A New Method for Fast Residual Solvents Analysis and Untargeted Unknown Identification Faster Sample Throughput and Shorter GC Runtimes Using GC-VUV and Static Headspace
Jul 17 2017 Comments 0
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Volatile organic compounds are used in pharmaceutical manufacturing during the production of drug substances, pharmaceutical additives, and drug products. Known also as residual solvents, they account for 50-90% of mass in typical pharmaceutical operations and represent most of the process toxicity. These organic solvents can contaminate the drug product during its packaging, storage, and transportation. Testing for the presence of these solvents in Active Pharmaceutical Ingredients (API) is critical for patient safety and commonly follows Unites States Pharmacopeia (USP) Method <467> guidelines, or more broadly, International Council for Harmonization (ICH) Guideline Q3C(R6).
USP Method <467> recommends a 60-minute gas chromatography (GC) runtime for residual solvent analysis . Class 1 and 2 solvents are additionally suggested to be analysed separately. VUV Analytics recently published an application note describing how the spectral deconvolution capabilities of VUV spectroscopy allow GC runtimes to be shortened from 60 minutes to 10 minutes or less . Solvent classes can also be combined into individual analyses for increased sample throughput.
GC-VUV spectral data is inherently three dimensional (time, absorbance, wavelength) and specific to compound chemical structure. Most compounds absorb strongly in the VUV region (120 – 240 nm) of the UV spectrum measured by VUV detection. Photons in this wavelength range are capable of producing electronic transitions in virtually all chemical bonds, especially in ground state to excited state transitions such as σ→σ* and π→π*. The result is spectral signatures that are specific to each compound and can be readily identified by the VUV library . This characteristic of VUV spectroscopy lends itself to intentional chromatographic compression due to the ability to deconvolve overlapping spectral responses.
A GC-VUV method that utilises static headspace sampling was developed for the analysis of all residual solvent classes (Class 1 – 3), as well as other solvents of interest. Significant gains in analysis productivity can be realised by decreasing total GC runtimes by greater than 5X. This capability is demonstrated here by condensing the runtime used in Class 3 residual solvent analysis. The GC-VUV method is also especially adept at identifying untargeted unknown analytes in pharmaceutical samples. An example is provided where an unexpected compound was detected in an over-the-counter hangover relief medication.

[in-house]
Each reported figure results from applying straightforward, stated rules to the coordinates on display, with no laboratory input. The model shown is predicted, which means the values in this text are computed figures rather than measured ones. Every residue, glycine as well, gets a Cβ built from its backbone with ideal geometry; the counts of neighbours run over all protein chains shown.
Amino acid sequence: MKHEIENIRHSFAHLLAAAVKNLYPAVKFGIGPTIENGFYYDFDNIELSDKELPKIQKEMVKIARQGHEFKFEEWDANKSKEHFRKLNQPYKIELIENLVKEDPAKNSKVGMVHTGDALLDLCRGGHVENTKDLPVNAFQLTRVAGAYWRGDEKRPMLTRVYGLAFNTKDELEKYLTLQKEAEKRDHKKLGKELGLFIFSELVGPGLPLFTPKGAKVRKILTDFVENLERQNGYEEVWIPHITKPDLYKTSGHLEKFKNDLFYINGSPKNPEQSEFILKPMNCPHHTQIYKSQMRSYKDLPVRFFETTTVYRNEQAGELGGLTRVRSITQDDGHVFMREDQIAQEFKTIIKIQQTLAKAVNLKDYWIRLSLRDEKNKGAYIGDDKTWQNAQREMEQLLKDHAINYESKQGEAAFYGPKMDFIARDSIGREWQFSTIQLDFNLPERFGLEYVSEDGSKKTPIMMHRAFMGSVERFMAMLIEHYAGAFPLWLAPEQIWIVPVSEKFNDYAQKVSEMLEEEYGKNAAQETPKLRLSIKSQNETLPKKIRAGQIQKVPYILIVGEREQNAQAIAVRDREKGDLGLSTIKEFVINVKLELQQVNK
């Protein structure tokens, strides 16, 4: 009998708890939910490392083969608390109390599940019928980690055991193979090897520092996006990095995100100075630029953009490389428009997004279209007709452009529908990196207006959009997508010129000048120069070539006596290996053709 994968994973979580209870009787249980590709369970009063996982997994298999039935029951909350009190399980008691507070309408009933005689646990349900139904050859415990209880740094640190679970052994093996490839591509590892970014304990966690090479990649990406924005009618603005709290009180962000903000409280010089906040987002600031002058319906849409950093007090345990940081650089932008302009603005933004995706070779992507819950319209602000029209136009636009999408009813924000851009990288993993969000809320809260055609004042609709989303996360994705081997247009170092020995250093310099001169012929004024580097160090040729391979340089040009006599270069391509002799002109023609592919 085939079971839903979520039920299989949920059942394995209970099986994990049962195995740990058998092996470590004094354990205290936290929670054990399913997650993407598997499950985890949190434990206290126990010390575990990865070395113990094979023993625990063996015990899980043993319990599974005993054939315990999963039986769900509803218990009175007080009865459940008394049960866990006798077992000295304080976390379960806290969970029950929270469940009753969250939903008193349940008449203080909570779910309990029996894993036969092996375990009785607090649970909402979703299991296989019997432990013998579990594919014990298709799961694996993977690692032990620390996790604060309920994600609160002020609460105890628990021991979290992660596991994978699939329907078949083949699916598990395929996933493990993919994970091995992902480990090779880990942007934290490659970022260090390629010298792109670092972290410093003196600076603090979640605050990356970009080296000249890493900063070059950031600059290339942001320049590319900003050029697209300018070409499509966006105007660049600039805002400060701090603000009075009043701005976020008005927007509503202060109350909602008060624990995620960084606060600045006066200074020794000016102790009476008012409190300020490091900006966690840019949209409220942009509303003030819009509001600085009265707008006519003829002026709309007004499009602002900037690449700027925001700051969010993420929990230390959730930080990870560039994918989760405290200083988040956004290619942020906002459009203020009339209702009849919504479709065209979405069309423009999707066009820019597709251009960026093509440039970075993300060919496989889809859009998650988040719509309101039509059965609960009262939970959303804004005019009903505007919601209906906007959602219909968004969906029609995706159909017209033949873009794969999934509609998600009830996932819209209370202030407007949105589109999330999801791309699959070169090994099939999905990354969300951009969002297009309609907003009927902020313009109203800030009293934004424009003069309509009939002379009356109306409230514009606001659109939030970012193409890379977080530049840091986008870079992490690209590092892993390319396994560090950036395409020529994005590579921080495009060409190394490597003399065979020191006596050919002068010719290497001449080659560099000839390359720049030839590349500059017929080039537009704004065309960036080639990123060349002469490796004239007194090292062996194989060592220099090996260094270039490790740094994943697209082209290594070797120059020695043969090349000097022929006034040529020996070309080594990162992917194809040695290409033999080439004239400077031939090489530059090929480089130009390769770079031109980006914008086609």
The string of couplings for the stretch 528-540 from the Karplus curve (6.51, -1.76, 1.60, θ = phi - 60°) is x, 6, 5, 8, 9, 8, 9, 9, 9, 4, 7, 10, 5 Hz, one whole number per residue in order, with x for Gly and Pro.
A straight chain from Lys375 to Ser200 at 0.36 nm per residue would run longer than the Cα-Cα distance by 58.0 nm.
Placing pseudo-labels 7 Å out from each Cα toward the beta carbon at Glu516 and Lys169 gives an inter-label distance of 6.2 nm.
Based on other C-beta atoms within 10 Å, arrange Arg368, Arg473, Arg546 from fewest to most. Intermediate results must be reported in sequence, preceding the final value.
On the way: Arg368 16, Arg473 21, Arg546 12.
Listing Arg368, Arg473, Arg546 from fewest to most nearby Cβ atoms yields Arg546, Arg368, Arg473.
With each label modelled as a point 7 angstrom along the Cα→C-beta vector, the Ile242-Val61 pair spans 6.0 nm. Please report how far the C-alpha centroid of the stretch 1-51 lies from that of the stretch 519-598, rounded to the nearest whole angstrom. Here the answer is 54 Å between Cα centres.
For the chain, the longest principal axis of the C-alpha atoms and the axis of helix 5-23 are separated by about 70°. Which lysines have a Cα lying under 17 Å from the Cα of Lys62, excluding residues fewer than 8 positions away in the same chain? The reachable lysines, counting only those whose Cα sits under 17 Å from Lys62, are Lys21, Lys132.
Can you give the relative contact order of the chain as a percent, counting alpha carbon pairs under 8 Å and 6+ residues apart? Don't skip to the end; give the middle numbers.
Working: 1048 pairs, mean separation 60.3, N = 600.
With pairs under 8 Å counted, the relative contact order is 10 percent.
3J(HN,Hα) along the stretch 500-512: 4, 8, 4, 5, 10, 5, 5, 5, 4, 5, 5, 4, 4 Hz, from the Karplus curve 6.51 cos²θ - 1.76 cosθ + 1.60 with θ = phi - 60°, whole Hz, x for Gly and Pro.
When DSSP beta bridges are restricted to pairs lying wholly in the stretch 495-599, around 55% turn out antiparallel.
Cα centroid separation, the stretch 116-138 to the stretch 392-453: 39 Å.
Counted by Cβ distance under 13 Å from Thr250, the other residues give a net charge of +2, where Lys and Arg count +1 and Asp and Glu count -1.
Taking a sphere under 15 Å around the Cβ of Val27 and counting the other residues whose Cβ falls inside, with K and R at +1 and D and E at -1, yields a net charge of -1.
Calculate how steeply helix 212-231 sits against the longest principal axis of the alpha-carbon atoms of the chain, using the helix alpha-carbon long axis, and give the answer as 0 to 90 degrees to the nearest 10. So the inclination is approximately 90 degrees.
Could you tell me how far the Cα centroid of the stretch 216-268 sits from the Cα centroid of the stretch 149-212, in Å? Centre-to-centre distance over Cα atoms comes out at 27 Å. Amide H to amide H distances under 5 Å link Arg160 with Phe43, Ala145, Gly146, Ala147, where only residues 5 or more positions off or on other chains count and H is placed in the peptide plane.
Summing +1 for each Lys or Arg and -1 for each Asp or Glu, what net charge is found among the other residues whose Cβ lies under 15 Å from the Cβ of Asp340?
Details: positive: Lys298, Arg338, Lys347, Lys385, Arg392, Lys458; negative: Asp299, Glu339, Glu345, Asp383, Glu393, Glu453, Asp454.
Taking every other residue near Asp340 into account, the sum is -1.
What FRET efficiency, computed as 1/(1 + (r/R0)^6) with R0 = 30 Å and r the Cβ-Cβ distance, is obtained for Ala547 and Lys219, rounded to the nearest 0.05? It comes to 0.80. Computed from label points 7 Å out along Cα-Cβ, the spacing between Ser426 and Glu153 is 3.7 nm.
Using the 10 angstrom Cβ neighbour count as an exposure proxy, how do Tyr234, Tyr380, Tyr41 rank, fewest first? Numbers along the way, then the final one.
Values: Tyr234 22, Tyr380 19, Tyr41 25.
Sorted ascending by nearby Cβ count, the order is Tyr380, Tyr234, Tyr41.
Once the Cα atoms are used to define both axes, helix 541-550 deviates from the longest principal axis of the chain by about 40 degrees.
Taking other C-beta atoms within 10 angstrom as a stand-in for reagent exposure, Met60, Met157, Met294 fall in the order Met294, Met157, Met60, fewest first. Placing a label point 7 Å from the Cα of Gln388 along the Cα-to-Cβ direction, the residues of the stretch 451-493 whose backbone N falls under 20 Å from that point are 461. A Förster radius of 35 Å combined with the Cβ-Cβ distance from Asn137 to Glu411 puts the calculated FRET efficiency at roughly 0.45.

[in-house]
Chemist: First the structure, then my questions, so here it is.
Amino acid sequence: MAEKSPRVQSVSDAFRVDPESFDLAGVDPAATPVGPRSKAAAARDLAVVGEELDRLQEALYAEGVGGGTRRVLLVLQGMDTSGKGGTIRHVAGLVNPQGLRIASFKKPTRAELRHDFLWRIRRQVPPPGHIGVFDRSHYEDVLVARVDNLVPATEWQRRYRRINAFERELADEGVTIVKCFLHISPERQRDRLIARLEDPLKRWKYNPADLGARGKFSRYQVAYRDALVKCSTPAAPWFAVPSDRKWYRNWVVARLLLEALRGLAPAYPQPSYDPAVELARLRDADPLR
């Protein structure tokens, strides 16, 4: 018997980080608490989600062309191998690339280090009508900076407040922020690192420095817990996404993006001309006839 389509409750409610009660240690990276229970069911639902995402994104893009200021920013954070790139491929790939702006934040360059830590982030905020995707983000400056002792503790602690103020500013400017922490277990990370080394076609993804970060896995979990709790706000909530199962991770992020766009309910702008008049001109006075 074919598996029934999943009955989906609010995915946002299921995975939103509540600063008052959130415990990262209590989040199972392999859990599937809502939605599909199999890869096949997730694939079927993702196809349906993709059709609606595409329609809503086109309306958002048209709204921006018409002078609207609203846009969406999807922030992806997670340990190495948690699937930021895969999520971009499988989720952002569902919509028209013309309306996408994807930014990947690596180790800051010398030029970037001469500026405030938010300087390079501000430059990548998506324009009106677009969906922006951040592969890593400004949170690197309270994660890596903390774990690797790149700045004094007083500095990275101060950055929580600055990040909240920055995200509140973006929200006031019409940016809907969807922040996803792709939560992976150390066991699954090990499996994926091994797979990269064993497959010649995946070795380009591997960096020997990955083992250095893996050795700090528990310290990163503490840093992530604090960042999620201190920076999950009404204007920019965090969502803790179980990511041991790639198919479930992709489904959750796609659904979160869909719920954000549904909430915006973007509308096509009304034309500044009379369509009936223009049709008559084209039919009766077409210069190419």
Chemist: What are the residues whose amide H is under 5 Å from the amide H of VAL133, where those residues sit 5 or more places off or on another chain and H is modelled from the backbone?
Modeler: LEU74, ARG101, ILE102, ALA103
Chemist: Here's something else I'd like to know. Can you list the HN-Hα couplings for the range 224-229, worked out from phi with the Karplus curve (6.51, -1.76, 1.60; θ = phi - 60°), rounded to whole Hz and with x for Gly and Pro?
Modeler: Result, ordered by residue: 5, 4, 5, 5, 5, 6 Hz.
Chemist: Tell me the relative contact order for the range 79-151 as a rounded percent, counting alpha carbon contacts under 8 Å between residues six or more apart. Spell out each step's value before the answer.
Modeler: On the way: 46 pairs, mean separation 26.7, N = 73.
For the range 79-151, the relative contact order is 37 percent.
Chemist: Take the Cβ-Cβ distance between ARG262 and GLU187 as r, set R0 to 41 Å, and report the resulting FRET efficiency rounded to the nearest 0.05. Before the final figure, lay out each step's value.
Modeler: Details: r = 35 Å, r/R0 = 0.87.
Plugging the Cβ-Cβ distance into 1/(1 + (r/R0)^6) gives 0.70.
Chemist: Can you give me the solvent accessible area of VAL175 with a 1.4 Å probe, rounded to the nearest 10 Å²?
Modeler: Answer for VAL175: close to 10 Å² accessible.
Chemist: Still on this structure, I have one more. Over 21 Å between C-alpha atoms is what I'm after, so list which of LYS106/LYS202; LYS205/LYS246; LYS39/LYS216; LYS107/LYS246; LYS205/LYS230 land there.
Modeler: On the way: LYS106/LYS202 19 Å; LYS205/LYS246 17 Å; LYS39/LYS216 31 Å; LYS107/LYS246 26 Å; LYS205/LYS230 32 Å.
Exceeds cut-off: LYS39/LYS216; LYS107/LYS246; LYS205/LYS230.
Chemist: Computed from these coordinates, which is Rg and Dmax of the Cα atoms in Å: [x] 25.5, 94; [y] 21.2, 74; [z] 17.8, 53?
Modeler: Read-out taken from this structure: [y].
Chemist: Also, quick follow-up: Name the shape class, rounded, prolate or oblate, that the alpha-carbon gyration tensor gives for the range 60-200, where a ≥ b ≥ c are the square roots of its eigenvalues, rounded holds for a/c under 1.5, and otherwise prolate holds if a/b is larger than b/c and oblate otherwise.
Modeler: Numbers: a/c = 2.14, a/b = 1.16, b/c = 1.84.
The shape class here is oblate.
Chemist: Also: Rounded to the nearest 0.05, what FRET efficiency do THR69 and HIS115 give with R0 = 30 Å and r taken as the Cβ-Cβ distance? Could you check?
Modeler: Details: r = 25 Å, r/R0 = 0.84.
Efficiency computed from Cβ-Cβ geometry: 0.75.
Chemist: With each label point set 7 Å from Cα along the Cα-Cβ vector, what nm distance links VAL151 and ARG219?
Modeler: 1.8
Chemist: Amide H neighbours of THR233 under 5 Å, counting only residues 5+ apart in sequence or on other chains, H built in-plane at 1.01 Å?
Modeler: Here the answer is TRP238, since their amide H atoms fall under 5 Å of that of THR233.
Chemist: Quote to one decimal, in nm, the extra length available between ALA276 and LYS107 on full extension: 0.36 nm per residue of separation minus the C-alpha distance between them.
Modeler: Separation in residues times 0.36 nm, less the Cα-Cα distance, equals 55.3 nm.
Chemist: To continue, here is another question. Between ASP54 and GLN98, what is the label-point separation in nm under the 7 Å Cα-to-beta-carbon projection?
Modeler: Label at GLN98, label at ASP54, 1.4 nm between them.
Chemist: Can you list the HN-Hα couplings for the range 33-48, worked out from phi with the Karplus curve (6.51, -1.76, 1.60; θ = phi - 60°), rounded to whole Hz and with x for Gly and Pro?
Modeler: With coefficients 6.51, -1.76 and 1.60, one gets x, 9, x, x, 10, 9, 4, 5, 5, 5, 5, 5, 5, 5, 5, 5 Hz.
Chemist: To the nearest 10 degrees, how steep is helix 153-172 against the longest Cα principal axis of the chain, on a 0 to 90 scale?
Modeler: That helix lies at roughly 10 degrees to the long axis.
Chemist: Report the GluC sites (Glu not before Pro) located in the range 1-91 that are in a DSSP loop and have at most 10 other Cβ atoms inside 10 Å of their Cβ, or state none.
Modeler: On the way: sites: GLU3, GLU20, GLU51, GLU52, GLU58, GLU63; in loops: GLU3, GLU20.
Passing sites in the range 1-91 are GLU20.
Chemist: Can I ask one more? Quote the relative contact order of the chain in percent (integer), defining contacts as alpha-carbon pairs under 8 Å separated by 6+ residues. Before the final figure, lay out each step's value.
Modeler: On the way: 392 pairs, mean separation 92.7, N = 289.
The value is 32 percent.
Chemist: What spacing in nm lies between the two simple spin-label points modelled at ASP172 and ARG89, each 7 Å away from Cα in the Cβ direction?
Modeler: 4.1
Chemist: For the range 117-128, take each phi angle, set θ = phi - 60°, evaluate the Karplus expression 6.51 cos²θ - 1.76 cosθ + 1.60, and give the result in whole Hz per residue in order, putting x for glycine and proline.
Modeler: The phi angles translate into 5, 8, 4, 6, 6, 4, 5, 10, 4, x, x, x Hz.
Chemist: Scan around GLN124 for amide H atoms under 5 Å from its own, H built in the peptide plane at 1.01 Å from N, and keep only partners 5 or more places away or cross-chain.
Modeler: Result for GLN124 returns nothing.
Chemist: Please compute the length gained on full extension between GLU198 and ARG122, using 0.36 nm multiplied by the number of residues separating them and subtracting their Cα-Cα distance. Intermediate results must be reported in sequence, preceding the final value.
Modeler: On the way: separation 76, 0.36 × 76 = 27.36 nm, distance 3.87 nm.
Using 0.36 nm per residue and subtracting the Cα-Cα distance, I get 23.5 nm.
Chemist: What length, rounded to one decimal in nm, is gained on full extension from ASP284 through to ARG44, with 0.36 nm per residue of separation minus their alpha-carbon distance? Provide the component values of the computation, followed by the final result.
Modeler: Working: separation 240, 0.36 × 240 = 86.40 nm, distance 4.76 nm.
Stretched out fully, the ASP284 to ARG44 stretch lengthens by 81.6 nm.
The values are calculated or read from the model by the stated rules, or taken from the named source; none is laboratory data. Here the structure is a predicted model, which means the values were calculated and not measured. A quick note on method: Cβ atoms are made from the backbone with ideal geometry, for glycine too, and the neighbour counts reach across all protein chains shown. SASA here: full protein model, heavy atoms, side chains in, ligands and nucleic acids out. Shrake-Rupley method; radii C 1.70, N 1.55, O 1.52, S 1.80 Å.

GC-VUV analysis was completed with the following setup:
Detector: VUV Analytics VGA-100
Static Headspace Sampler: Gerstel MPS2
Gas Chromatograph: Agilent 6890
Column: Restek 30m x 0.25mm x 1.40µm Rxi- 624Sil MS
Experimental conditions for the gas chromatograph, static headspace sampler, and detector are provided below.
An Agilent 6890 gas chromatograph was used with its injection port set to 250°C. A helium carrier gas flow rate of 4 mL/min was used throughout the experiment. The oven profile for the residual solvent analysis began at 35°C (held for 1 min), followed by an increase to 245°C at a rate of 30°C/min. A split ratio of 2.5 was utilised to help maximise sensitivity. A total GC runtime of 8 minutes was programmed for each sample analysed.
Static Headspace Sampler
A Gerstel Multi-Purpose Sampler (MPS) was used to provide optimal temperature and injection setting automation and the most efficient delivery of residual solvent samples to the GC. The syringe temperature was held constant at 90°C. An incubation temperature of 80°C was set to best volatilise residual solvents while not going above the boiling point of water. The incubation time was set to 10 min to closely match the GC run time of 8 min. An injection volume of 250 µL was selected to ensure good peak shape. The agitator was 250 rpm (10 sec on, 1 sec off), and an injection speed of 200 µL/sec was used for sample introduction.
A VGA-100 gas chromatography detector manufactured by VUV Analytics was used in this experiment. The transfer line & flow cell temperatures were set at 275°C. The makeup gas pressure used was approximately 0.36 psi. An acquisition range of 120 to 240 nm was selected with an acquisition speed of 4.5 spectra/sec.
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